Without imagination, civilization would have become a blank slate. If you were asked not to think of your brain, it would be impossible. How could you not think of something without first thinking of it? Now think about that three pound lump of nerves in your head being able to conjure up visions of castles, cathedrals, submarines and rockets. Is there a difference between your mind and your brain? Yes. You can have a brain without a mind, but not a mind without a brain. These questions lead to a brief discussion of imagination.
Imagination is not a physical body part like a heart, lung, or kidney. It cannot be dissected or studied under a microscope. It has confounded psychologists and philosophers for centuries. All that can be studied are the things our imagination can dream up.
In folklore, there is something called a “doppelgänger,” a paranormal double of a living person. In theatre, for example, the actress, director, and playwright’s conception of the main character’s doppelgänger could invest the play with a different dramatic flavor.
As we emerged from the Dark Ages, our imagination took us in different directions. It unlocked many of Nature’s mysteries. As Albert Einstein, looked toward the starry sky, his imagination laid the foundation for his Theory of Relativity, the Wright brothers’ imagination gave us flight, Edison’s imagination gave us electric lights.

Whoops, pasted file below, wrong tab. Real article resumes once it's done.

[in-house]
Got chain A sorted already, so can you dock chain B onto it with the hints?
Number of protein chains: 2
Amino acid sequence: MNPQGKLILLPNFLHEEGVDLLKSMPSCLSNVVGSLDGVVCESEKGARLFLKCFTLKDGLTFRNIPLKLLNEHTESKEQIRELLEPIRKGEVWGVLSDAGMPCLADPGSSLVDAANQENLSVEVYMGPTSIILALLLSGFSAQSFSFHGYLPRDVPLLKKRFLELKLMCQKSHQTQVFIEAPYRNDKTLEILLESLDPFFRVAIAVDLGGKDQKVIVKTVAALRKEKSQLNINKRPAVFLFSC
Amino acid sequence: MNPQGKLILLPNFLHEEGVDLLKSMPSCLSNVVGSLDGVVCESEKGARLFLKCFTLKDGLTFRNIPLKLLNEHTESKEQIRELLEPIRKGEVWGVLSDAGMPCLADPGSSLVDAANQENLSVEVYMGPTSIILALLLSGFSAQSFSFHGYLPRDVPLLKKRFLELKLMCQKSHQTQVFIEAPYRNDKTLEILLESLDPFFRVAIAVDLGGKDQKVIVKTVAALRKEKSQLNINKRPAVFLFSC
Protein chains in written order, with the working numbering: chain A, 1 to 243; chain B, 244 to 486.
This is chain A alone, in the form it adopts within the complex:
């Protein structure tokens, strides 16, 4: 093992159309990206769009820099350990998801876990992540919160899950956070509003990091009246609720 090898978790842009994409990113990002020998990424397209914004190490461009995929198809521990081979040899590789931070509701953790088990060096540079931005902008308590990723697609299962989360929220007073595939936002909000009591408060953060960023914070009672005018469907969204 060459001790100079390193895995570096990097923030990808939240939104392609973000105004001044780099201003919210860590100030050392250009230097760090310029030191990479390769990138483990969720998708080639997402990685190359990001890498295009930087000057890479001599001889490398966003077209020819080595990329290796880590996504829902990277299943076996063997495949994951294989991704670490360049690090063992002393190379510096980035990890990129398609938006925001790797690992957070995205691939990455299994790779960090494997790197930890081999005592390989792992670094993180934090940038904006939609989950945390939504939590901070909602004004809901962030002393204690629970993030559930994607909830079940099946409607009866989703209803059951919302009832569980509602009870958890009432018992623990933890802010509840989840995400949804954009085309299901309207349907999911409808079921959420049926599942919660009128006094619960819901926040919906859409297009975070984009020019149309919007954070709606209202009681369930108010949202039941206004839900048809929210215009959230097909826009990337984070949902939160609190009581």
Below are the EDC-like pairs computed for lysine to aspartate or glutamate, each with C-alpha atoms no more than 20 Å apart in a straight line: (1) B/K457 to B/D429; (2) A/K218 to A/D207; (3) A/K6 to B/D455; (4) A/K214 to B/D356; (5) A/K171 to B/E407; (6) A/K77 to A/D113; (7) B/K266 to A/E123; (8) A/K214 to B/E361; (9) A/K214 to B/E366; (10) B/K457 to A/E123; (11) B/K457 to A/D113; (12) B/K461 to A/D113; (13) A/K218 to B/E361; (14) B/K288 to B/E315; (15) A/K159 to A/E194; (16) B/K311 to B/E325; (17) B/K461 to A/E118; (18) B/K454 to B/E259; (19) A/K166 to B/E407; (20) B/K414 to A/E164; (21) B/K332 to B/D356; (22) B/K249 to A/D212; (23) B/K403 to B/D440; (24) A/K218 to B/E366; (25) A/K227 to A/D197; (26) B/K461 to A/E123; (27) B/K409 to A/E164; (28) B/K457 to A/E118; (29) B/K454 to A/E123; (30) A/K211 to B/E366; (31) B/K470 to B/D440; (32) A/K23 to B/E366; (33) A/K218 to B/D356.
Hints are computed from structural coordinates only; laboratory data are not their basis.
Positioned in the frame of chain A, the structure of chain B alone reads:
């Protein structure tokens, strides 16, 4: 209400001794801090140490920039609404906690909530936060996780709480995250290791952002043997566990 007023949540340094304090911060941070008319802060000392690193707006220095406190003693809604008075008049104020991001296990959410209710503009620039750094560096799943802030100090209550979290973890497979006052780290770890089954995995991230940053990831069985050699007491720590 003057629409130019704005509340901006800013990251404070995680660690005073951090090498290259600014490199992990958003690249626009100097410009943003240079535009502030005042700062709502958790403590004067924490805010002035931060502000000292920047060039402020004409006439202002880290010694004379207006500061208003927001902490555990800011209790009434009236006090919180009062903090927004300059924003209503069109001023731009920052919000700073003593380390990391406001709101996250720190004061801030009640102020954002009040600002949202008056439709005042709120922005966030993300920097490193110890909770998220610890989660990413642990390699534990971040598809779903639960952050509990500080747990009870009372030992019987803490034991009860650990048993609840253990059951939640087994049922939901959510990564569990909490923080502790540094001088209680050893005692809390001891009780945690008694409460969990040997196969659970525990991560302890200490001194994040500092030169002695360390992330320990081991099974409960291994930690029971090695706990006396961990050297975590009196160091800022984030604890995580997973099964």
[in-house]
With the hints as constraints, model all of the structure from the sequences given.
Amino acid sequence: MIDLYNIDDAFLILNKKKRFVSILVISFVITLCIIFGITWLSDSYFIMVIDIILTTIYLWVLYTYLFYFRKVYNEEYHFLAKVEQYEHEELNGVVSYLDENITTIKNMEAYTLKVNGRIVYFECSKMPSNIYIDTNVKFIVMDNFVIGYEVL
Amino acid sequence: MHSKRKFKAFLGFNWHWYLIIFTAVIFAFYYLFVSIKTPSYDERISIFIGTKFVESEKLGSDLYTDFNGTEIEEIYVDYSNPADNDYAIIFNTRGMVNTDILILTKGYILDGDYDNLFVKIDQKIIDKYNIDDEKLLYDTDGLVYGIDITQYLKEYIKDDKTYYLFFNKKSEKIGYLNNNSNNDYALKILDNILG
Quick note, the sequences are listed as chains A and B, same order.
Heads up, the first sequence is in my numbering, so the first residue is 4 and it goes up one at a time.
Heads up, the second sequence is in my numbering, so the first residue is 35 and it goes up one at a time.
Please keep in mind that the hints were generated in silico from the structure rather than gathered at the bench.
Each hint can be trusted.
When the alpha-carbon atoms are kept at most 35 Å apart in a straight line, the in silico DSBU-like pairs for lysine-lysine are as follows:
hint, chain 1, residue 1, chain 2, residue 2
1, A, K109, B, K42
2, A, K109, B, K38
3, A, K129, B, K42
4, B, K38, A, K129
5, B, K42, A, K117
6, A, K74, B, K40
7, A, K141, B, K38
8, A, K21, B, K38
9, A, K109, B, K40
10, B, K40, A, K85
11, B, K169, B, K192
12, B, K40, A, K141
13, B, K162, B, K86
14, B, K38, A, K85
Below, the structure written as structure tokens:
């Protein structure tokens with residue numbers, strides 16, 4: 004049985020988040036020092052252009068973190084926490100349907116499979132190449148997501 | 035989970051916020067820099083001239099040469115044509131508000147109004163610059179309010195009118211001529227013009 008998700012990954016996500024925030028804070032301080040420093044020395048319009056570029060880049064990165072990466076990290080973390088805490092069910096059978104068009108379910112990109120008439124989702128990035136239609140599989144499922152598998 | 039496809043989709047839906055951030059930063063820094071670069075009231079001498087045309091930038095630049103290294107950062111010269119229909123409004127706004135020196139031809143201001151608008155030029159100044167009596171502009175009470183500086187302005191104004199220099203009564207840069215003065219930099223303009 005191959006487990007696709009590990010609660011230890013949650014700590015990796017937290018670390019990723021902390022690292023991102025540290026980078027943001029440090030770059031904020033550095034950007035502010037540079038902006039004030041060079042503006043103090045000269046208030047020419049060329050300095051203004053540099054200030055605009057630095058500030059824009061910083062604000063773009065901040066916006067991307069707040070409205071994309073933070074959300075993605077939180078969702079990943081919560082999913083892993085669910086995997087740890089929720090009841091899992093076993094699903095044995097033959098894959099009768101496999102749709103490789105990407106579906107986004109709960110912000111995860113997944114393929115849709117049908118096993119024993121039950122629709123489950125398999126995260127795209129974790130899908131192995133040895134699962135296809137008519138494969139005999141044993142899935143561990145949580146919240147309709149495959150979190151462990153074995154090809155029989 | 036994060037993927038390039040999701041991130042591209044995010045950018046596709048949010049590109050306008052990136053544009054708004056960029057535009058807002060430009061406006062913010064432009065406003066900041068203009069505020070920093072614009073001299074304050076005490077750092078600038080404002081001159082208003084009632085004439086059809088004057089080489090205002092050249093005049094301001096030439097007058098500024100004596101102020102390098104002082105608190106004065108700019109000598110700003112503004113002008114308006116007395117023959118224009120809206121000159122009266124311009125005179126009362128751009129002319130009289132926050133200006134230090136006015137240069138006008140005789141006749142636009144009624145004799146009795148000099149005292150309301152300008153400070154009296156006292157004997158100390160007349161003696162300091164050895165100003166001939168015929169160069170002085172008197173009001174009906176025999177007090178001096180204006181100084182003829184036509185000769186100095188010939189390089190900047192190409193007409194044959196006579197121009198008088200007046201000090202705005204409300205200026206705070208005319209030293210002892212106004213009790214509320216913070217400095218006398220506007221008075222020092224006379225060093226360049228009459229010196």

Where our imagination will take us in the next century boggles the mind. Will it allow us to vacation on Mars, live under water, eliminate all disease, have cars that drive themselves, have tiny motorized robots crawl through our body like ants and sense medical problems, or have personal jetpacks that will allow us to fly from town-to-town?
Not unlike Mary Shelly’s novel, Frankenstein, tomorrow’s imagination may permit us to recreate ourselves? Will a woman unable to have a child be able to open a catalog, find a company that manufactures children, and simply order one according to her specifications?
Two time capsules were prepared by Westinghouse at the World’s Fair in 1939 and 1964. In the capsules were buried all of the literature, scientific developments, architecture, music, pharmaceuticals, and a host of other creations of these time periods. The capsules were buried 50 feet underground in Flushing Meadows Park in Queens, New York, and were to be opened in the year 6939.
Technology today, has one foot in the present and one foot in the future. Where both feet take civilization will provide future historians with a sample of our creative imagination.
- Professor Eisenberg was born in New York City and now lives in Belleair Bluffs. He served in the U.S. Marine Corps in World War II. His career consisted of teaching interpersonal/intercultural communication, public speaking, organizational communication, nonverbal communication, group dynamics, and persuasion at four major universities including Pace University and Manhattanville College in New York. His publications include fifteen textbooks on various aspects of communication. Send comments to: firstname.lastname@example.org.